Old and the experience of a 70 year old . Yours frustrated

  2. Sheila Laking says:

    As a Volunteer Co-ordinator who has worked with volunteers for over 30 years I am convinced of the benefits of volunteering for all ages – in wellbeing, employability and so mucuh more. But there is a puzzle here. I can’t find any research that shows that volunteering has a measurable impact on employability – which is so counter-intuitive. Studies show that the benefits of volunteering for older people seem to be around having a purpose in life and being connected to society. This is less likley to be an issue for most (but not all) younger people, so perhaps that explains the results of Southampton’s study.

  3. Nick Ockenden says:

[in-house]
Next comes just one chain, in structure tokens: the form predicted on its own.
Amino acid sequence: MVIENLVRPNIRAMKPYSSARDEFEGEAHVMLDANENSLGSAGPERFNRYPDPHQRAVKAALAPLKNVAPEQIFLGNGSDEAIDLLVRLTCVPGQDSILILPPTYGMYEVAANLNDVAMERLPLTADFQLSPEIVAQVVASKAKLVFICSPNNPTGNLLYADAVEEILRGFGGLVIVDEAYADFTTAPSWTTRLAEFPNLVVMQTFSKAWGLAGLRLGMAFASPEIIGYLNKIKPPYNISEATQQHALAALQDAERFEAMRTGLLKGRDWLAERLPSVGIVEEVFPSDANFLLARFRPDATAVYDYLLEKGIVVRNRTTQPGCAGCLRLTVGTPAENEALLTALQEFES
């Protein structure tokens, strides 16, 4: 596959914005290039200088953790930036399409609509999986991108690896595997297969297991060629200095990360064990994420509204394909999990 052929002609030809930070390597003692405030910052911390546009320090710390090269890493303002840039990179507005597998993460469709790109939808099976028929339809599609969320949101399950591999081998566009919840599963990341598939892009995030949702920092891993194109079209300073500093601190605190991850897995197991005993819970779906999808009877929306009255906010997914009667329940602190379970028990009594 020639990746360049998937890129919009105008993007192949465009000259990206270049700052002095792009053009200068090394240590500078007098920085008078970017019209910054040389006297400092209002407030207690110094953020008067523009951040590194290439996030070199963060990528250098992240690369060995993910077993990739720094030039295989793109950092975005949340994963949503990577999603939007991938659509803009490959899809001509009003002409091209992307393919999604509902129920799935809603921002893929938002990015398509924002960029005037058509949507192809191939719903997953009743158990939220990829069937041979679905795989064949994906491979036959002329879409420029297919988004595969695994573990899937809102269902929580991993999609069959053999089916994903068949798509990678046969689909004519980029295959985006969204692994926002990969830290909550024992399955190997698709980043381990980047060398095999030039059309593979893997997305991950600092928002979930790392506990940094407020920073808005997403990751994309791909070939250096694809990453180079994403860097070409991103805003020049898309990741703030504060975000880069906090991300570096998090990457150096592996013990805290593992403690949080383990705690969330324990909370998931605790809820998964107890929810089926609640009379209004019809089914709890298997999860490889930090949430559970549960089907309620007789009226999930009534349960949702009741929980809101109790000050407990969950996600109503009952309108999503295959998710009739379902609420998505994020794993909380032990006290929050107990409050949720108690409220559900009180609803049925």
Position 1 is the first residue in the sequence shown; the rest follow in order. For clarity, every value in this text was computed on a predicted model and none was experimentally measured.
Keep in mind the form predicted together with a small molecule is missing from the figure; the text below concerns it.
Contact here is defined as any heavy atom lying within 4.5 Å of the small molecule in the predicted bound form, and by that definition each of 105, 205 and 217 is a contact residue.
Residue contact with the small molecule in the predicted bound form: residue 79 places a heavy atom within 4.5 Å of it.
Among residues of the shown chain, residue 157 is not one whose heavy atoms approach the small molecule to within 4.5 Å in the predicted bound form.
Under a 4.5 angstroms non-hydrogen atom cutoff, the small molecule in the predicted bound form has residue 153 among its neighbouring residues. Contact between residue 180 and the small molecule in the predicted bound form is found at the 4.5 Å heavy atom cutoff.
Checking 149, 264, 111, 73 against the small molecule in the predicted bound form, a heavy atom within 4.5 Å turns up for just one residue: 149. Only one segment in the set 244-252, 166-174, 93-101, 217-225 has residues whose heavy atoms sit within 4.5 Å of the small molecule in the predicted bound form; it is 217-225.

Because employability is only one of many possible benefits of volunteering, big statistical surveys are far less likely to detect any statistically significant connection. The connection will exist for some people, but for others it won’t be relevant at all because many volunteers won’t be volunteering with employment outcomes in mind. Also, the reasons behind people securing a job are often highly complex and volunteering can be one of many different factors that influence that, alongside things like the wider job market and economy, mental and physical health, family and friends and much more. Alongside these factors, volunteering, while important, may simply not be detected strongly enough by surveys to show a connection. This may explain why some research actually finds a limited connection for some people, such as http://www.birmingham.ac.uk/generic/tsrc/documents/tsrc/working-papers/working-paper-100.pdf. However, like you, we consistently hear a great deal about the employability benefits of volunteering in the research we do, and many people tell us that their experience was absolutely critical in securing a job. Often this is about helping them on the journey towards employment, by increasing confidence, self-esteem and so on – some of the things that can really help people get a job – but this can also be about getting direct experience of a different field. The strongest evidence of a connection is probably from research focused on volunteering programmes that have employment as a specific objective of that programme (https://www.ncvo.org.uk/images/documents/practical_support/volunteering/vsc_final_evaluation_report_dec_2013.pdf is worth having a look at).